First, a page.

So, let's start setting up a basic nsmb.conf file. First, we want to be able to find hosts. For this we need a workgroup and a NetBIOS name server. I also have the same user name across the entire domain, so I'm going to put my user name in the [default] section.

[default]
workgroup=EXAMPLE
nbns=192.168.2.80
username=mlucas

With this information, you should be able to perform basic SMB name queries. smbutil(1) can perform basic NetBIOS name resolution.

# smbutil lookup fileserv4
Got response from 192.168.2.80
IP address of fileserv4: 192.168.1.202
#

If this works, you have basic SMB functionality. Now we want to access a share on that system. Before you can query a host, you must log in to it. Only root can use these smbutil functions.

# smbutil login //mlucas@fileserv4
Password:
Connected to MLUCAS
#

So, our password is correct. Let's see what resources this server offers.

# smbutil view //mlucas@fileserv4
Password:
Share        Type       Comment
-------------------------------
jsmith$    disk       
gdonner$   disk       
mlucas$    disk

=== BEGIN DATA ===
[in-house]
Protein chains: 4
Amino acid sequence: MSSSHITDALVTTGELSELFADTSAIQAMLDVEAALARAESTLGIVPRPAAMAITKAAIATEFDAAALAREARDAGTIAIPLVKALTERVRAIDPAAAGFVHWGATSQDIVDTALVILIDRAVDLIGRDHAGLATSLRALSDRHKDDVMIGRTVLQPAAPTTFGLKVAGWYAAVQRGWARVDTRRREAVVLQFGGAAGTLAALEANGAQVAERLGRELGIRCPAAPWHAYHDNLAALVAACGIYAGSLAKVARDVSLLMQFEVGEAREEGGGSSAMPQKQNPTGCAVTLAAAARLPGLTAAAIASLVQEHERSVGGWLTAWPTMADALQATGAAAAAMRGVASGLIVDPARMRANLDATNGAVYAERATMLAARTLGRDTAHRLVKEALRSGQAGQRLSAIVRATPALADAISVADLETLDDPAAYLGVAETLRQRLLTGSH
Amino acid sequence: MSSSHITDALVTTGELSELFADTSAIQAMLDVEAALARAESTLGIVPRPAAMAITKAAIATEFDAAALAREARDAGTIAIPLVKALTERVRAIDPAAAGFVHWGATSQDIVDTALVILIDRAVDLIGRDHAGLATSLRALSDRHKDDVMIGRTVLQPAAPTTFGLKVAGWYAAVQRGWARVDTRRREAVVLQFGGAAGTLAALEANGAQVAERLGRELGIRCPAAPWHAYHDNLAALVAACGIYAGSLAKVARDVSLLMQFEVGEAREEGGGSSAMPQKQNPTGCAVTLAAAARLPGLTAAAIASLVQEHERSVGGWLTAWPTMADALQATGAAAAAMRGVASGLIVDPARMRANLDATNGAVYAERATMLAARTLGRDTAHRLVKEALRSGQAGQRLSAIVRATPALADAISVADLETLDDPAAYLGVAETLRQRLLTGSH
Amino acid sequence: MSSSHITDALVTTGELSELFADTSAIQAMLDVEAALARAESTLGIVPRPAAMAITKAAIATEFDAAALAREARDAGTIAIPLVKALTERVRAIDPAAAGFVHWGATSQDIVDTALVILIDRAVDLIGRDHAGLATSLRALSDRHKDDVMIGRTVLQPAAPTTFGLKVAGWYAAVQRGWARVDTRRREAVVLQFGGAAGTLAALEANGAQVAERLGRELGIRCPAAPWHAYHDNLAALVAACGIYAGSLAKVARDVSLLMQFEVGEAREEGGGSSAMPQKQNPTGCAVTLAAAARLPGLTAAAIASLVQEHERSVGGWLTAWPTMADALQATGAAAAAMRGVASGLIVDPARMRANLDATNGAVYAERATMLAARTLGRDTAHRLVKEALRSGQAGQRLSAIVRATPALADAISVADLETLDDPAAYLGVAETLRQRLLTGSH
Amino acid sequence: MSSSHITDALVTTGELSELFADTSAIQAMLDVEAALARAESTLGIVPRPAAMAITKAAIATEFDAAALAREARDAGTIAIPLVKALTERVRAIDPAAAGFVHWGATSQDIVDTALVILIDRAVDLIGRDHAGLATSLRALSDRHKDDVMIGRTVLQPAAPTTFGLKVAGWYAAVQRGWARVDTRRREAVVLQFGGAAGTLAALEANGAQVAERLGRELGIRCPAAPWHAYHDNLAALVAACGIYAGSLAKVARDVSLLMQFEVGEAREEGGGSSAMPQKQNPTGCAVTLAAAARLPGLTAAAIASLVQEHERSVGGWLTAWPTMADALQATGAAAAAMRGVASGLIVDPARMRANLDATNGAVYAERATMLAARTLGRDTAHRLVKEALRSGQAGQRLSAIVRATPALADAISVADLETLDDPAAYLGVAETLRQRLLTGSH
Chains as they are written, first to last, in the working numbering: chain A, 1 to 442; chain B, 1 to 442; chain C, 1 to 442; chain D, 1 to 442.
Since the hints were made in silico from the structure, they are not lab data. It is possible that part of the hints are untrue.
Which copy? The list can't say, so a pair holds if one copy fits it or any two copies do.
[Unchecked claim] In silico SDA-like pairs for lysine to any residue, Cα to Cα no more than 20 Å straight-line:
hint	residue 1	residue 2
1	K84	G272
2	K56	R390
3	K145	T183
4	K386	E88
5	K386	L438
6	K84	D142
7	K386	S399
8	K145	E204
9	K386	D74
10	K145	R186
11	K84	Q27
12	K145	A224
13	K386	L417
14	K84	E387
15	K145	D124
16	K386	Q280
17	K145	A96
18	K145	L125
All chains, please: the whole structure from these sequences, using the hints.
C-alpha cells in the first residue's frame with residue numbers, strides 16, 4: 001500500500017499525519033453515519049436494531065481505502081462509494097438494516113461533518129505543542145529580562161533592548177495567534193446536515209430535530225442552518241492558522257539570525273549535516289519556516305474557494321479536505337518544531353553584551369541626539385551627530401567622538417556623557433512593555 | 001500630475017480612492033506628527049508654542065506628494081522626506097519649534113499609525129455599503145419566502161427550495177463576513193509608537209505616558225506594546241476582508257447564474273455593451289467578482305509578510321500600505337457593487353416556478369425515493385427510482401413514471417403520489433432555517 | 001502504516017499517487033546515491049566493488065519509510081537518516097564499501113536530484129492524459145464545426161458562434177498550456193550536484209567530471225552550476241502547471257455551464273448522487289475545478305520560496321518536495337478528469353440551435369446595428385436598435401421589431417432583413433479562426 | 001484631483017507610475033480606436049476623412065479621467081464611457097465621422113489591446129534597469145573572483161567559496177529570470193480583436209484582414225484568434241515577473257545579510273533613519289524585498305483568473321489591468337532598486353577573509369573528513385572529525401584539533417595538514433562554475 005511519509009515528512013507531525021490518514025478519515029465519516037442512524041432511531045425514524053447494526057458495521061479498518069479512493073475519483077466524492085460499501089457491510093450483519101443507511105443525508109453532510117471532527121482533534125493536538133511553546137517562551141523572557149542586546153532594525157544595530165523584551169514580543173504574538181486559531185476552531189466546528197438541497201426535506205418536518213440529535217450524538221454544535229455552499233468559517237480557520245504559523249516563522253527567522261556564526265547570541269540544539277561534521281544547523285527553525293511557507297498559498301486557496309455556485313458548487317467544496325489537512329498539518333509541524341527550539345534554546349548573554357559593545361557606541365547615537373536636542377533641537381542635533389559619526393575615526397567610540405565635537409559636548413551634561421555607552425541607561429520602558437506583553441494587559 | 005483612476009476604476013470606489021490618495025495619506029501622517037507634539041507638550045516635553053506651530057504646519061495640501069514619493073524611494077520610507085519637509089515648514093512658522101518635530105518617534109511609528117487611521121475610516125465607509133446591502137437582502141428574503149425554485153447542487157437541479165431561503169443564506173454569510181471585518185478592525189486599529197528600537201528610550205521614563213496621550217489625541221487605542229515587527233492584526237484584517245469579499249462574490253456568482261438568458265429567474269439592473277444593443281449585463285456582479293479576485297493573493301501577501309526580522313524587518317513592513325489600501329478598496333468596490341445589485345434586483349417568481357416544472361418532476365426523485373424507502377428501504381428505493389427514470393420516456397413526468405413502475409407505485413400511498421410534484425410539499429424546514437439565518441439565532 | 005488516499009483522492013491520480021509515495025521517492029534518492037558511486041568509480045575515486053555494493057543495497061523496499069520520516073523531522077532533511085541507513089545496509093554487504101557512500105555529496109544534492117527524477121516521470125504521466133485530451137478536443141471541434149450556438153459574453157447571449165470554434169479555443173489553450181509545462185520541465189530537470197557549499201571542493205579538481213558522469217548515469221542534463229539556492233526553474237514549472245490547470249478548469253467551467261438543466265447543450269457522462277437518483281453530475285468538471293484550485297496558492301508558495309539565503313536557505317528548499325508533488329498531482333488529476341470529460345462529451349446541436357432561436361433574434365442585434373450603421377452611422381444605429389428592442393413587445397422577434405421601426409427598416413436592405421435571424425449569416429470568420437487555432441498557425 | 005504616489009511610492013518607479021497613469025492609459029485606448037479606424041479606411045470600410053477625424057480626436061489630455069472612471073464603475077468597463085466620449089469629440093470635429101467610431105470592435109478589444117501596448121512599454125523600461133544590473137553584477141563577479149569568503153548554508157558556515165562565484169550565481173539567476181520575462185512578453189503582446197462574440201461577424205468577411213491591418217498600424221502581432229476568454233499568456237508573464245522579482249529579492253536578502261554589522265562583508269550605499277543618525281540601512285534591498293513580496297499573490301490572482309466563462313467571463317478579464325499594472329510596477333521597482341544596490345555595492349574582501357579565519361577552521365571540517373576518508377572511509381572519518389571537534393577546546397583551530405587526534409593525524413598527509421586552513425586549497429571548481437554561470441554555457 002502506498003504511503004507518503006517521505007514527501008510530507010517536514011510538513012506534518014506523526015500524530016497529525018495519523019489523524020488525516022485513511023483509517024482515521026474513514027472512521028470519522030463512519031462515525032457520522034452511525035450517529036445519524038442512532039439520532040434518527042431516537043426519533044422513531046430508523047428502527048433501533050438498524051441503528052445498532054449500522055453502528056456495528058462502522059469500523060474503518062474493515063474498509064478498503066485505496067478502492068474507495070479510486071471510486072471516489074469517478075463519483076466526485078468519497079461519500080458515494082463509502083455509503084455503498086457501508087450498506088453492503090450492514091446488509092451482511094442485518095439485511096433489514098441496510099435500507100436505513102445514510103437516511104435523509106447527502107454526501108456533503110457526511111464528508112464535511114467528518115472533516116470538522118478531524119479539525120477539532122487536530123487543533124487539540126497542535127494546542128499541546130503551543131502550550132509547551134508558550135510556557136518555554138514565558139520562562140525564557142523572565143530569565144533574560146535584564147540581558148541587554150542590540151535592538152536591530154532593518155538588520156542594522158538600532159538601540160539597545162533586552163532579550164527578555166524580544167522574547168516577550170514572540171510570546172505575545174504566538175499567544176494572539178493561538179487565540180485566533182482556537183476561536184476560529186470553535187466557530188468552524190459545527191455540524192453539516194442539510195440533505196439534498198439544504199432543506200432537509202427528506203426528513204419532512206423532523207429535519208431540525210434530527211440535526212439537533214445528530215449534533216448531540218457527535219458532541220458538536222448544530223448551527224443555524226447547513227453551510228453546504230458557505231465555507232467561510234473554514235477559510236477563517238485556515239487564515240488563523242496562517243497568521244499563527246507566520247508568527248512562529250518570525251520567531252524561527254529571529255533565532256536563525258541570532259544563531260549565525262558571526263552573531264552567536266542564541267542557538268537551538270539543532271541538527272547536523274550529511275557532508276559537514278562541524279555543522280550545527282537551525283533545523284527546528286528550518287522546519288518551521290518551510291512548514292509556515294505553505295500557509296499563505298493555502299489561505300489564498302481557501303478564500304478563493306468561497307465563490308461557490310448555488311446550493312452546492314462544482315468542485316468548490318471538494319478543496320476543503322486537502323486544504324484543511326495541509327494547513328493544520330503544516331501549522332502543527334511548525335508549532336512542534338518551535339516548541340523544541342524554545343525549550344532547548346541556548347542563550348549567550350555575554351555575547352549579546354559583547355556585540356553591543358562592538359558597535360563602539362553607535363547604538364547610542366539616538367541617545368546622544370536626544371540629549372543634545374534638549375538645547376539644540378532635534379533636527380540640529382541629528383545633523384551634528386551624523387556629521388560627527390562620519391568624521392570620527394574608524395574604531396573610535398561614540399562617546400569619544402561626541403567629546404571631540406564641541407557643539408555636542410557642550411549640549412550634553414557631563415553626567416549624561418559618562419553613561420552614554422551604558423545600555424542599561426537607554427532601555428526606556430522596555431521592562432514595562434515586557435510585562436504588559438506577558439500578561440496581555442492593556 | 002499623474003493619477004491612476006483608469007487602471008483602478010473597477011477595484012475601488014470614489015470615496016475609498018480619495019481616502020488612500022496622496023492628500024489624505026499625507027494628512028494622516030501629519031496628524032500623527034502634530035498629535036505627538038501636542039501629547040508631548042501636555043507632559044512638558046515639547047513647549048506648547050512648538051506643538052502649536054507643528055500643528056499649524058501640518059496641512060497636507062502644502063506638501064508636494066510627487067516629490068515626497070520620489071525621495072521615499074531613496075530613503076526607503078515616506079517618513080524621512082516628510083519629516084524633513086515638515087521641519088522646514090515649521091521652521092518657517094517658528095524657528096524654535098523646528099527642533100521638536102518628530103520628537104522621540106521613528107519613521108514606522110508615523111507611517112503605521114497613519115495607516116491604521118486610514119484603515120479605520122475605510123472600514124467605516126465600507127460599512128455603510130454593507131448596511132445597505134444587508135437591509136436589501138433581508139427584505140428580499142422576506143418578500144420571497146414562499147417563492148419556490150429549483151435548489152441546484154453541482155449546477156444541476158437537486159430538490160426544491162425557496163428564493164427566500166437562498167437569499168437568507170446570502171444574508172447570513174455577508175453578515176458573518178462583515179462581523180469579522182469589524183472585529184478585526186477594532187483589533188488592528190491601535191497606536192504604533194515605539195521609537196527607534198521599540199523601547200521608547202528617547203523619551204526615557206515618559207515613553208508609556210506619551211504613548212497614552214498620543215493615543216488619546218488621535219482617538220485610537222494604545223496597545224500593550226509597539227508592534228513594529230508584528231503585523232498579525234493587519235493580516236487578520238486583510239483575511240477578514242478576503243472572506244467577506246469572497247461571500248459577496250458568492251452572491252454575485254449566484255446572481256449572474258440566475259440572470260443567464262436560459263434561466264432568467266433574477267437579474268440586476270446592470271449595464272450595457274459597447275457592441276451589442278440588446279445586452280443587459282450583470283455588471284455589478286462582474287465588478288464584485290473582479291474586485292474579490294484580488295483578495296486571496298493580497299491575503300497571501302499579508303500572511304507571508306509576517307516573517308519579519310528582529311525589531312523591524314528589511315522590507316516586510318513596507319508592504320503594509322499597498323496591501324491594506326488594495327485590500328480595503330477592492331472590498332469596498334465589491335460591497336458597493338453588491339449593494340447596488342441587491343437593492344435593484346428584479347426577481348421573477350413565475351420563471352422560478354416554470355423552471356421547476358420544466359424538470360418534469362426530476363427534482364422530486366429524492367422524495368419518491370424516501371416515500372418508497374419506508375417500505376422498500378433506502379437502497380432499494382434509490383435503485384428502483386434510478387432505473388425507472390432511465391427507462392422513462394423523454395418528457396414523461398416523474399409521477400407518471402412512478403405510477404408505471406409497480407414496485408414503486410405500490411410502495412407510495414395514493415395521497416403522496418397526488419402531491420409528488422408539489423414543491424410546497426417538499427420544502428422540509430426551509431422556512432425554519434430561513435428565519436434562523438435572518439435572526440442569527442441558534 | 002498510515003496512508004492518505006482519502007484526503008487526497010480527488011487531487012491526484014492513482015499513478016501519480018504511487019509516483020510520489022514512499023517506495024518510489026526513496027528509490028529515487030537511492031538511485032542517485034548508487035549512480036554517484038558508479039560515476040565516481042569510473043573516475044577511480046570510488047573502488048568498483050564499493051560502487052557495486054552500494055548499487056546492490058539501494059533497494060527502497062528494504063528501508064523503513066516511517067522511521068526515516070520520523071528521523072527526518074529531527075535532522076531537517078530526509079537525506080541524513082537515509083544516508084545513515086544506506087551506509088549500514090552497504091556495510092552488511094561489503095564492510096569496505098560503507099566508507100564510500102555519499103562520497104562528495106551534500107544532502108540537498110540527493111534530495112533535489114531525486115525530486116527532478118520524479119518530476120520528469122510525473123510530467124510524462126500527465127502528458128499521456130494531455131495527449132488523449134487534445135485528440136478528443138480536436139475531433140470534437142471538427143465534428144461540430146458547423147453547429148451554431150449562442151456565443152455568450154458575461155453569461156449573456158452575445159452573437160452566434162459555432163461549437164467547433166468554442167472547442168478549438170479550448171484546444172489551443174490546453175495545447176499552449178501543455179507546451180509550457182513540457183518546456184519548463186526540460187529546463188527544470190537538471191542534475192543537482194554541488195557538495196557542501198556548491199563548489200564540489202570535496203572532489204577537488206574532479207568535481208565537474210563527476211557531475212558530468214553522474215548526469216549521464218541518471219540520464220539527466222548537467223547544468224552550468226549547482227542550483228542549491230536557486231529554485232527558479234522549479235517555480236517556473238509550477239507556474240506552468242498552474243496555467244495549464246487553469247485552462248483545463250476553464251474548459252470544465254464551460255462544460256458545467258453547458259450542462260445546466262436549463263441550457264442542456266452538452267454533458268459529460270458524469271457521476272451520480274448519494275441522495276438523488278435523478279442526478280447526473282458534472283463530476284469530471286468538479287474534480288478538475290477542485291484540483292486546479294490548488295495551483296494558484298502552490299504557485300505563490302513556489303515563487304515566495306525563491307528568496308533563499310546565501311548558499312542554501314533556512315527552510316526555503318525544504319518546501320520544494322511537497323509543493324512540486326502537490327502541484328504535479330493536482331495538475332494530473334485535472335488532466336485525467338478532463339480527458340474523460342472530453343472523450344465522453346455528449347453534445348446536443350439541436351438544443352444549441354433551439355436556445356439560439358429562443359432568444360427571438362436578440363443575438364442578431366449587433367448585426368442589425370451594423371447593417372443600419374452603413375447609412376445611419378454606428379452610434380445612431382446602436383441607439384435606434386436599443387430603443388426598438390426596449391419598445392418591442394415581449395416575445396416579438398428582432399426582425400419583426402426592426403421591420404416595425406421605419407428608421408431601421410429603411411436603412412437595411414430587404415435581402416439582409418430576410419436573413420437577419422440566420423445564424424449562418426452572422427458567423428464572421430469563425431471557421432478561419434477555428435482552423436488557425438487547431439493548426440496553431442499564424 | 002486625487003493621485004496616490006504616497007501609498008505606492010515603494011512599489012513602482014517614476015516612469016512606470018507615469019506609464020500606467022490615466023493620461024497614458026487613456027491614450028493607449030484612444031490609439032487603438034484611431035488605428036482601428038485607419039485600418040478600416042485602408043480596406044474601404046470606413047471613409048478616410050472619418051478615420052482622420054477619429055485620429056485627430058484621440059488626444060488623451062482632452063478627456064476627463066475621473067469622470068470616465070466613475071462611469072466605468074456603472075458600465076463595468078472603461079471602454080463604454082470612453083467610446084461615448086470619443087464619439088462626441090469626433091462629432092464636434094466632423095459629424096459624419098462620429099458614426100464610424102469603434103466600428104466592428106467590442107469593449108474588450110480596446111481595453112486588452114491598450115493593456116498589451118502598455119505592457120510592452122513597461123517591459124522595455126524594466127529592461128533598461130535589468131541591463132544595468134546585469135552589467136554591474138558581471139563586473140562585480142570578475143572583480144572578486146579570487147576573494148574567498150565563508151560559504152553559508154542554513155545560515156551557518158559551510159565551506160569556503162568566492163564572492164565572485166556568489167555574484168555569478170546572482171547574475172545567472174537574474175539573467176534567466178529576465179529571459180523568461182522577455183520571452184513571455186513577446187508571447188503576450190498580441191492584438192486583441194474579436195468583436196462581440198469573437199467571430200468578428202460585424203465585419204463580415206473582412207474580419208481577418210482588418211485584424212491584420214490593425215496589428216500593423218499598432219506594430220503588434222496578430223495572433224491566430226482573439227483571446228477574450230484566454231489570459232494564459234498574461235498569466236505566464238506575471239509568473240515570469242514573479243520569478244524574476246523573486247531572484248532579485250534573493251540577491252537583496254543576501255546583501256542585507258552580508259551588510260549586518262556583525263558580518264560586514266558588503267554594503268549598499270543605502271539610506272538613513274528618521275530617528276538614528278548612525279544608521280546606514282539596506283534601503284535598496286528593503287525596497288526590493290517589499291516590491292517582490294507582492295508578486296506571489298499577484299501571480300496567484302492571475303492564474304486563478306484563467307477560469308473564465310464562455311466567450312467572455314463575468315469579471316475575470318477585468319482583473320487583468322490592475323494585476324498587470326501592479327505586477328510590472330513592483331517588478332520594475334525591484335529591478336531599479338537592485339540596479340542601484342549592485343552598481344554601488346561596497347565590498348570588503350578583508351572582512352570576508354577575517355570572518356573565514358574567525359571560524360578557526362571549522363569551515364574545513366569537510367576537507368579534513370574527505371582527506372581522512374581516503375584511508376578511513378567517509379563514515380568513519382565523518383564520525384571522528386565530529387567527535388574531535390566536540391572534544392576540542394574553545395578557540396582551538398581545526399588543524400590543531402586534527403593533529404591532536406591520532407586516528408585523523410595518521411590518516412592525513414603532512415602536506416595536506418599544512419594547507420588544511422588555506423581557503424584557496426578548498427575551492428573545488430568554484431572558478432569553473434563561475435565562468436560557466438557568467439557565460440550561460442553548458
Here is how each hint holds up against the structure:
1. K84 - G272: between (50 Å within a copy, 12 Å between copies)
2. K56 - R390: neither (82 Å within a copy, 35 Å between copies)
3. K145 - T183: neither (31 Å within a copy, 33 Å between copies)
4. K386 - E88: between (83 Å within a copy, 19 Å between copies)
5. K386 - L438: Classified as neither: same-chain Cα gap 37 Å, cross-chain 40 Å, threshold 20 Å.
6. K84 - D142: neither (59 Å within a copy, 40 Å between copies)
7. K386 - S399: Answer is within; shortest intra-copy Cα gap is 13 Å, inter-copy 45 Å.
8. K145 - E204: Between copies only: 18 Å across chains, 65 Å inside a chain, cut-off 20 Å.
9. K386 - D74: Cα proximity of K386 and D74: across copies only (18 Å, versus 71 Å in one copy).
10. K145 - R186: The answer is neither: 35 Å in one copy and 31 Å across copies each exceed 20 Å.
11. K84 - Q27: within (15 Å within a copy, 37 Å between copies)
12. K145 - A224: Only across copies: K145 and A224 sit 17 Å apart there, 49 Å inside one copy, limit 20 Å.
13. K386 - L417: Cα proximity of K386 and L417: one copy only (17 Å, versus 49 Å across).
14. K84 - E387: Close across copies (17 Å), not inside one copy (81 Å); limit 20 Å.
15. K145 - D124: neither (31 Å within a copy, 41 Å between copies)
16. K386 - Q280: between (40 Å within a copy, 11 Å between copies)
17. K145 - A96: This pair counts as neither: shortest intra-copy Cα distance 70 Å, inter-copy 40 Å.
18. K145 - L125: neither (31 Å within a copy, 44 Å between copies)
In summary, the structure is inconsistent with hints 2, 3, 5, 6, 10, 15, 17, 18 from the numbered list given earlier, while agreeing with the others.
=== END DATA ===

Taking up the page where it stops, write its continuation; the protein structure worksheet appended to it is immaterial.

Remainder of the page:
...

You'll get a list of every shared resource on the SMB server. When finished, log out of the host.

# smbutil logout //mlucas@fileserv4
Password:
Connection unmarked as permanent and will 
be closed when possible
#

Now that you've finished investigating, let's actually mount a share with mount_smbfs(8). The syntax is very simple.

mount_smbfs //username@servername/share /mount/point

To mount my personal fileserver share on /home/mwlucas/smbmount, I would do:

# mount_smbfs //mlucas@fileserv4/mlucas /home/mwlucas/smbmount

Check your work with df(1).

#df
Filesystem              1K-blocks    Used   Avail Capacity  
Mounted on
/dev/ad0s1a                 99183   49105   42144  54%  /
/dev/ad0s1f               5186362 3091500 1679954  65%  /usr
/dev/ad0s1e                198399   22816  159712  12%  /var
procfs                          4       4       0 100%  /proc
//MLUCAS@FILESERV4/MLUCAS  128000   54320   73680  42%    
/usr/home/mwlucas/smbmount
#

I can now do basic file operations, including using emacs and StarOffice on the documents in this folder. Life just got a little better. mount_smbfs includes several options to fine-tune the mount behavior, however. We can customize the nsmb.conf file to use different user names to access different shares, or to bypass NetBIOS name resolution for particular hosts. Here's a more complicated example, with comments.